Two, the report put it very kindly that the intensity of poverty in Nigeria varies from state to state – not one state in Nigeria, including those considered rich like Lagos, Delta and Kaduna are able to meet the 33.3% multidimensional poverty Index – that big oyinbo to mean that in spite of huge wealth accruing from oil over the years, and in spite of the massive funds states receive either as security votes, monthly allocations and bailout, children still die at birth, we buy sachet water to drink and we are taxed very heavily to do so. Foods which we once took for granted like plantain and maize, beans and garri are beyond our reach. Power is rationed as if we have suddenly been sent back to the days of esco (essential commodities). Some roads in Benin City still resemble that that Oba Ovonramwen built.
Matters are worse in that while we cannot access health care, our leaders and those who have been accused of stealing the monies meant for these developments, either fly out to have their noses checked or go for medical checkup as soon as they get bail for stealing. The third thing you get from reading that report is that if you were to put another human being anywhere in the world through the level of poverty in Nigeria today, they wouldn’t survive it. They would instantly or take to the streets asking for change.
But that there is abject poverty in the land is not hot news. And we have no need to be solving some kind of Mathematical equation or calculus to know that the poverty which prevails in Nigeria is not only physical but mental as well. What we know as a matter of fact is that most of the Nigerians who voted for Muhammadu Buhari in March 2016 voted thinking that the poor man was going to, with a swish of his magic wand an abracadabra, a mighty rushing wind would come blow away our poverty away like a typhoon. Such is the pervading level of mental poverty in the land to the extent that the difficulties and disappointments we are all facing now have coefficient equivalence with the astronomical increase in the level of poverty in the land. Take for example: that report says that only Lagos, Osun, Anambra, Ekiti, Edo, Imo, Abia, Rivers and Akwa-Ibom are in the first ten states which are anywhere near the multidimensional poverty Index set at 33.3%. The report says that Nigerians living in states like Yobe, Borno, Oyo, Kebbi and the rest are living in severe poverty and are most vulnerable to disease and death.
Therefore, what is news is that rather than continuing with this level of poverty, Nigerians can do something. We must vote poverty out. As Nigerians, we are supposed to have in our hands one of the greatest instruments which can irrevocably alter the course of our lives – the vote. But I must qualify this: just voting in an election cannot give us change. Why? The elections which would be coming up in Edo and Osun states are up to the highest bidder already. Gist in the market space is that a certain demagogue has already spent N1.5billion to prop up a candidate. The other party is said to be doing same. Another gist in the market as well is that the EFCC recently arrested certain INEC resident commissioners over a bribe of N20Million they accepted to write election results in favour of a political party.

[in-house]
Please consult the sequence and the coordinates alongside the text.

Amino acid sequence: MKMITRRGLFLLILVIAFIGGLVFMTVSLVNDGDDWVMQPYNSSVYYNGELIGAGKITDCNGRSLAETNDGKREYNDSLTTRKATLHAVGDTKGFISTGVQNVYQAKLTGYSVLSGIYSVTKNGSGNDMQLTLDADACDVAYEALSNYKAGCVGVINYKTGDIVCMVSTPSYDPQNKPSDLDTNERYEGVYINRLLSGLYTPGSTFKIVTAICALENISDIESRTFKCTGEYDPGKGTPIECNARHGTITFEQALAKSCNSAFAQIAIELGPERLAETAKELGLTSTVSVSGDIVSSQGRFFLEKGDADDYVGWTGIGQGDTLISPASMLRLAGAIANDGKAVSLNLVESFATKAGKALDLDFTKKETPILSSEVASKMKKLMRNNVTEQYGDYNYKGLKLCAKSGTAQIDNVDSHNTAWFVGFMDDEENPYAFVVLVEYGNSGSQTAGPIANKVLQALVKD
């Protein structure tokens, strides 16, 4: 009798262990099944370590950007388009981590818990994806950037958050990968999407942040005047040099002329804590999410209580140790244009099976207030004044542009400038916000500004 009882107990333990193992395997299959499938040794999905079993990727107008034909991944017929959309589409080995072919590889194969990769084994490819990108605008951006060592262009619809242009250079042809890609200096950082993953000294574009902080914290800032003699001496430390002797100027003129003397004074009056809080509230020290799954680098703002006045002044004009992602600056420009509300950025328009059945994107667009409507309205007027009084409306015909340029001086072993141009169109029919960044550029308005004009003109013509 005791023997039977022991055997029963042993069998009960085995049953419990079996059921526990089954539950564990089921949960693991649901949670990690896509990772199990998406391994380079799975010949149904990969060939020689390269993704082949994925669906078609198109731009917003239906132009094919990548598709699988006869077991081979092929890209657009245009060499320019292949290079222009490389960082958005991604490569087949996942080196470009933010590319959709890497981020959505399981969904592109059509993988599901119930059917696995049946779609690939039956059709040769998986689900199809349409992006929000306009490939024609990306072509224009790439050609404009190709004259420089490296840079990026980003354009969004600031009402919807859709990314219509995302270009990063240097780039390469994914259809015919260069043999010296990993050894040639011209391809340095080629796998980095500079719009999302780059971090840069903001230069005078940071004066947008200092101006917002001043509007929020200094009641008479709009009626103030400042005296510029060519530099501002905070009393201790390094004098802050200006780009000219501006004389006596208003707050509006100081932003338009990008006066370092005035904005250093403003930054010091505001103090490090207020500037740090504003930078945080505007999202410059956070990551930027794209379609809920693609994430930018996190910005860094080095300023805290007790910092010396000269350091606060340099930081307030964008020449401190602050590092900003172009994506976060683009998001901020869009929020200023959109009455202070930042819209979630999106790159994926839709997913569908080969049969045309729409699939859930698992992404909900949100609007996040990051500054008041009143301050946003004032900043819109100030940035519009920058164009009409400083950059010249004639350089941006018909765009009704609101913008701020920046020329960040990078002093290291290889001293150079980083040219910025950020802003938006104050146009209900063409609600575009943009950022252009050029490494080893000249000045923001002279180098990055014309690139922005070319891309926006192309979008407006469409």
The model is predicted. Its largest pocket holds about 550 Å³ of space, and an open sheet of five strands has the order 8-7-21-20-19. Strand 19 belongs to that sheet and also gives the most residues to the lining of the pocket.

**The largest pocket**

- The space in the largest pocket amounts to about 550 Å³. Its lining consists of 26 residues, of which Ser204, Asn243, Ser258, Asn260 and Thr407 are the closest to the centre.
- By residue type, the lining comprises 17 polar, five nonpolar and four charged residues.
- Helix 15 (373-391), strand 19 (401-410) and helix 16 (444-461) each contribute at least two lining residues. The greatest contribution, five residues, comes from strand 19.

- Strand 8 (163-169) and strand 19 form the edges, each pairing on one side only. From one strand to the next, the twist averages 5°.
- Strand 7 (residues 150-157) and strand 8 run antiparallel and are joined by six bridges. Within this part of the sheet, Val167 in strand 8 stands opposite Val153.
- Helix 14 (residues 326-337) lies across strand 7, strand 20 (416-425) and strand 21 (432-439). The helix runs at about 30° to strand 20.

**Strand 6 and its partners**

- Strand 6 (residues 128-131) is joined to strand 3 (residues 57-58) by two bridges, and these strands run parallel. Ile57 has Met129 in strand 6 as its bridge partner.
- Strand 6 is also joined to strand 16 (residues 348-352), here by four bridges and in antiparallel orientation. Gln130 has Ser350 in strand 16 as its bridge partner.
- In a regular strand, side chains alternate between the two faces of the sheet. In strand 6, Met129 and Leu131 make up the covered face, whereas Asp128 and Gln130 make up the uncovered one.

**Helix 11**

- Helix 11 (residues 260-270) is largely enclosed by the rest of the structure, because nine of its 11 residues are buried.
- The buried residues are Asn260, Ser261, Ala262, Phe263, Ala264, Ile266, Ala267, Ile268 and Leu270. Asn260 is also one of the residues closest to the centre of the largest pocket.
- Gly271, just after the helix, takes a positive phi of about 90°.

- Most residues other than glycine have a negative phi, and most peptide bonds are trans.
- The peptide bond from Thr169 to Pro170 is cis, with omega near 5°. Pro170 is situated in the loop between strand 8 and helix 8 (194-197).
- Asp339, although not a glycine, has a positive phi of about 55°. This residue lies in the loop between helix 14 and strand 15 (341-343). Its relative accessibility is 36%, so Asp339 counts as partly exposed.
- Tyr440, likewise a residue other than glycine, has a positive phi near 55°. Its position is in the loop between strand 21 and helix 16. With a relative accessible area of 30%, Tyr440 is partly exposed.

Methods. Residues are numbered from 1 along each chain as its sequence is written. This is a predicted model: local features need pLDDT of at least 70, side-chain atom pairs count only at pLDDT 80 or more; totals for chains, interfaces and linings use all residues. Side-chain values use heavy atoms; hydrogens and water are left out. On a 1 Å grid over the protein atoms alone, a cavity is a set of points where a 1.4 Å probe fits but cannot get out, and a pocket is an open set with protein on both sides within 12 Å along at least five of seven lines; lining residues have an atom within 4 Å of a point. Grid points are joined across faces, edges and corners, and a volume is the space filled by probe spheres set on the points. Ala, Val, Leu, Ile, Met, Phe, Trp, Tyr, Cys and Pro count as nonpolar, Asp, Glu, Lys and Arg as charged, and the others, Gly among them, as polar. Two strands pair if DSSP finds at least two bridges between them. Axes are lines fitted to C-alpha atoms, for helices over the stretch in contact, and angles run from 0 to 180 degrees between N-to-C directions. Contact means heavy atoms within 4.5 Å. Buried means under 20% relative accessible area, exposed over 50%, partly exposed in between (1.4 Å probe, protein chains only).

From the look of things, it seems as if the camp more likely to be dirty and slimy may clinch the elections in either Edo or Osun. And because we know as well that voting at elections is not the be-all and end-all in the democratic process, and because we know that the kind of political gerrymandering going on now, we want to encourage our people to still go out and vote.
Most people in Edo state are not too interested in the two Edo sons vying to be governor trust me. They know from the terrible experiences of our immediate past that politicians care only for their pockets. They care mostly for their interests. Edo people know that many politicians have two mouths – when they say good morning to you, you must begin to hurry home because as matter of fact it is nearly bedtime. What the people of Edo and Osun must do is continue to insist on the candidate more likely to make investments that will end poverty in Nigeria. The people of Edo and Osun states must begin to pursue politicians NOW and AFTER the elections. On our advocacy and campaign page on Facebook, Vote Against Poverty, there’s a video there having Charles Iyare, Monitoring and Evaluation Officer of ANEEJ. He would likely be telling you what you must look out for concerning the chap who should be the next governor of either Osun or Edo State. He is not interested in the political party and neither are we. You’d likely going to hear him dramatizing from page 244 on Jeffrey Sachs’ The End of Poverty – how we can make it Happen in our lifetime. Go to the Facebook page and find out what he’s saying.